After a bit of a hiatus, I’ve finally returned to my blog! I’ve been extremely busy balancing work and a microbiology class, and just haven’t been inspired to write about anything in particular- until now!
One of the other things I’ve been doing this summer is training for a 5K. I’ve tried to start running a few times in the past; it was never something I stuck with, for one reason or another, but running was always something I dreamed of being good at.
Well, maybe “good” is an overstatement- just being ABLE to run a few miles will be good enough for me, no matter how slow!
Diabetes was actually not my main concern when I started my program. I figured “I know people with diabetes who run marathons- how hard could it be to manage my blood sugar for 3 miles?” It turned out to be a bit harder than I thought. Up until now, my main strategy for preventing lows during exercise was to cut back on my insulin for whatever came before my exercise, or to eat a snack before going out. I should add that neither of these worked very well for me- cutting my insulin would result in a sharp spike, and a sharp drop once I started exercising, and eating a snack without insulin usually led to cramps.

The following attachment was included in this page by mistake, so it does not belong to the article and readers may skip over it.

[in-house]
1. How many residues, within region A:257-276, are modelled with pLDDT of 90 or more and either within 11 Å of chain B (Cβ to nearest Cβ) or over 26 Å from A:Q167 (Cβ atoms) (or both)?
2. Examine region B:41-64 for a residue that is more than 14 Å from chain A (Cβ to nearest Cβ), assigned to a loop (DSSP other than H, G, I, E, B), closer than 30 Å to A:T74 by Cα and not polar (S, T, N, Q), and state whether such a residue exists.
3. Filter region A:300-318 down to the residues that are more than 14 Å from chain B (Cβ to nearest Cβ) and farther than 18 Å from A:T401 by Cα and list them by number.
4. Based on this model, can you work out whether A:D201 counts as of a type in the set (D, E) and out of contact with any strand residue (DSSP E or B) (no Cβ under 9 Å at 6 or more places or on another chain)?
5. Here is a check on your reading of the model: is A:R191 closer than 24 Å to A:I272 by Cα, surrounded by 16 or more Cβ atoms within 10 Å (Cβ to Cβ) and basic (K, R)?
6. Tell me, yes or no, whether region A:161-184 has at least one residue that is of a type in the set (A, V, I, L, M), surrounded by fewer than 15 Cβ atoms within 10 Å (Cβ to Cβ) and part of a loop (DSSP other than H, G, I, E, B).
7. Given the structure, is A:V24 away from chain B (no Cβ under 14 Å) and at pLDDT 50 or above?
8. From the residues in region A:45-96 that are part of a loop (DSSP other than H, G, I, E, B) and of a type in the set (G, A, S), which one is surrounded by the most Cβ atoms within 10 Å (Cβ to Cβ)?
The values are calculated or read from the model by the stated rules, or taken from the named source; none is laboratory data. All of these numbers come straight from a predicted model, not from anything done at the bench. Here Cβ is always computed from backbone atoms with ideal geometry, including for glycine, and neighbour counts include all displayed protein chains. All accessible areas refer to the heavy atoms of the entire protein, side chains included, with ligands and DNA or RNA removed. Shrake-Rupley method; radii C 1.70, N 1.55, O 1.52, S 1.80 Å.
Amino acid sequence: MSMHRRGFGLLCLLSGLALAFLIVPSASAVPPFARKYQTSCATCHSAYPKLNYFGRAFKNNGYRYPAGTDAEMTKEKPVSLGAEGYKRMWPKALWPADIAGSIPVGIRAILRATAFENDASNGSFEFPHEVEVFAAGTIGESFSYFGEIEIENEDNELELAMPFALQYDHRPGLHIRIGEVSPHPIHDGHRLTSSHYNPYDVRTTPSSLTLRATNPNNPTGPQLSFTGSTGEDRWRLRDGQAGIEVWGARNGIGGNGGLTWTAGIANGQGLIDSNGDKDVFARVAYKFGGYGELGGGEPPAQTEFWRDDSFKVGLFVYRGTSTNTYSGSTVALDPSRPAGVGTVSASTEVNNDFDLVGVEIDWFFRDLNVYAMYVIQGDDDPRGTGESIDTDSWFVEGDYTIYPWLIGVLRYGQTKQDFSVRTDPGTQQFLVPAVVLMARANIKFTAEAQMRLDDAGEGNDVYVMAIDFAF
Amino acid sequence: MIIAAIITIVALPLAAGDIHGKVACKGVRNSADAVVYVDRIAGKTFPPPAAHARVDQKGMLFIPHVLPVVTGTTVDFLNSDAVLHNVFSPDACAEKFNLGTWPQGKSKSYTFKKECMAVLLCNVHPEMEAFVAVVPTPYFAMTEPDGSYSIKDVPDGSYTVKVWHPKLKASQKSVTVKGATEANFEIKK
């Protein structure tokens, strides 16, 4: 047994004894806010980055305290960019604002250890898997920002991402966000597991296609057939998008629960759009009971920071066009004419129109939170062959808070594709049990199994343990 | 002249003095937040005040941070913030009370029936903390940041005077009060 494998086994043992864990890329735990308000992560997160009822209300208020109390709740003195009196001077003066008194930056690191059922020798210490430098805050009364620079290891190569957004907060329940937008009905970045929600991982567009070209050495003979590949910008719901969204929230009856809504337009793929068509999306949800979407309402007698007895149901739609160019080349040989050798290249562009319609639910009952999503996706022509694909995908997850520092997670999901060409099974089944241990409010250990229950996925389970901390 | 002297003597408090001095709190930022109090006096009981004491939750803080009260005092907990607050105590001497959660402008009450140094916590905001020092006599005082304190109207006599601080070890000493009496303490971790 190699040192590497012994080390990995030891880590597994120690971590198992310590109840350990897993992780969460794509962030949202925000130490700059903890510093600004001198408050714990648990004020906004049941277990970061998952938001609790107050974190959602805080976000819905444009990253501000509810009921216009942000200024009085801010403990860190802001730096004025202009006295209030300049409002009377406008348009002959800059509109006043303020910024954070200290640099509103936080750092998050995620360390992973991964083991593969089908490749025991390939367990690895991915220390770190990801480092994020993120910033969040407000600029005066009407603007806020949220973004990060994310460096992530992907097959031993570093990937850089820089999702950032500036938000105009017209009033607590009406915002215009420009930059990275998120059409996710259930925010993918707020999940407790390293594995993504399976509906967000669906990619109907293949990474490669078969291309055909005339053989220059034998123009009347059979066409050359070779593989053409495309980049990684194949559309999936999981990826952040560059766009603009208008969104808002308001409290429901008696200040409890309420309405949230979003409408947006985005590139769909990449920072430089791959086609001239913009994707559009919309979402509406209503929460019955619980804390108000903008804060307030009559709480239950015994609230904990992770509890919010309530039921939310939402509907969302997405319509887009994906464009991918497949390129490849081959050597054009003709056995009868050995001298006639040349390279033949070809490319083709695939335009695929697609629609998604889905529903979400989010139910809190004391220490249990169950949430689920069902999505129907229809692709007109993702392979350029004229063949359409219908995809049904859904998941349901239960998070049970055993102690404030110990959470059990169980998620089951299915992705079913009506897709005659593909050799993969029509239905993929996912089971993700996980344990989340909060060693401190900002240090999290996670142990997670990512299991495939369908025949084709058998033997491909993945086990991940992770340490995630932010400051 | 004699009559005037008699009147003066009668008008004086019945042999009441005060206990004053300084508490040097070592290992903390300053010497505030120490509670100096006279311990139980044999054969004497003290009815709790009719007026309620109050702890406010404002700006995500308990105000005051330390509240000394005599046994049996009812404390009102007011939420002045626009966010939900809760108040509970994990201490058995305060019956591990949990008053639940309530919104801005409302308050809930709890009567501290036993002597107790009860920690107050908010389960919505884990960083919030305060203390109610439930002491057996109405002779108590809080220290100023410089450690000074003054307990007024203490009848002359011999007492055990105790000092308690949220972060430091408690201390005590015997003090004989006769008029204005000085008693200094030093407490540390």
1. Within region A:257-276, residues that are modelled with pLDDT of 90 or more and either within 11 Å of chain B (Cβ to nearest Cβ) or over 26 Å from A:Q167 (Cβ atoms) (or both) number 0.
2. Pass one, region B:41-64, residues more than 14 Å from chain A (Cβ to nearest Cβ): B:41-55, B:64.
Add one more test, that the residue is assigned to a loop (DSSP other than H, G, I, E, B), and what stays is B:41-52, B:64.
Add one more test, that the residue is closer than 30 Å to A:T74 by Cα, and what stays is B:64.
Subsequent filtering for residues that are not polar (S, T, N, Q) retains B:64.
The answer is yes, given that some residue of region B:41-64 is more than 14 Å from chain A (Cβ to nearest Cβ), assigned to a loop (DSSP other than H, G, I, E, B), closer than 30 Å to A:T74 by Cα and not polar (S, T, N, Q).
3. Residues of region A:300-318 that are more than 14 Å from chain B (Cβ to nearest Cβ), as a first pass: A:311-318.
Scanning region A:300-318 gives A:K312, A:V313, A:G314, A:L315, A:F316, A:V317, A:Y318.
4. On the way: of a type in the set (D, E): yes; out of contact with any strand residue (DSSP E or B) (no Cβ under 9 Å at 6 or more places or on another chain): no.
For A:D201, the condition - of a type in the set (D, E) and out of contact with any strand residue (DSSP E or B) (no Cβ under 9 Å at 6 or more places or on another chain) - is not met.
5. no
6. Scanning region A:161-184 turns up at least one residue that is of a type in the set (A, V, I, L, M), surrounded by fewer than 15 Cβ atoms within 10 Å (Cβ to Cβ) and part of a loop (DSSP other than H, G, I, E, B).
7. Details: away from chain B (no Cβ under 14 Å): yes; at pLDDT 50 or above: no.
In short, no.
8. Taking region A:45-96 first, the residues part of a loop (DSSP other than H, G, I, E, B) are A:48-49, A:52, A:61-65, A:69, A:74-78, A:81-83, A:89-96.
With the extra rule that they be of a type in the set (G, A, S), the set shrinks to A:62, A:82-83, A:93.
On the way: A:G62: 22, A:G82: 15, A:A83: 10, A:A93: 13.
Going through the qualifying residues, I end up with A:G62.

But I didn’t know what else to do, and so I stuck with my terrible low-prevention strategies for quite a while. Until I got some advice from an experienced runner with diabetes a few months ago, who said to never run with insulin on board. That ONE suggestion has been a lifesaver! If I can wait until at least 2 hours after my last bolus, I don’t drop as quickly once I start running, and experimenting with temporary basal rates has also helped.
Sometimes my levels run a little higher than I’d like, and sometimes I’m a little too low for comfort, but I’m sure I can even them out, with a little more experience. Having to run with a Dexcom, juice box, glucose tabs, and my meter is also pretty annoying, but I’d rather be safe than sorry- “sorry” being, stuck two miles from my house with a low blood sugar and nothing to eat or drink!
Running (and balancing that with other activities like swimming, hiking and yoga) has enabled me to cut back on my daily insulin- I’ve decreased most of my basal rates and ratios, and I’m expecting a drop in my A1C as well. I’ll find out in a few days- fingers crossed!
While I’m not a great runner yet, the positive changes I’ve seen so far in both my endurance and my diabetes management are encouraging me to stick with it. It will be challenging, but I’m ready to take it on, since I’m finished with school for the time being. I’m looking forward to running in the fall, once it gets a bit cooler- of course I picked what must be the hottest summer on record to start training! I also find running to be a nice stress reliever- a quiet time for reflection or to think about nothing at all.
Here’s to longer runs and fewer lows!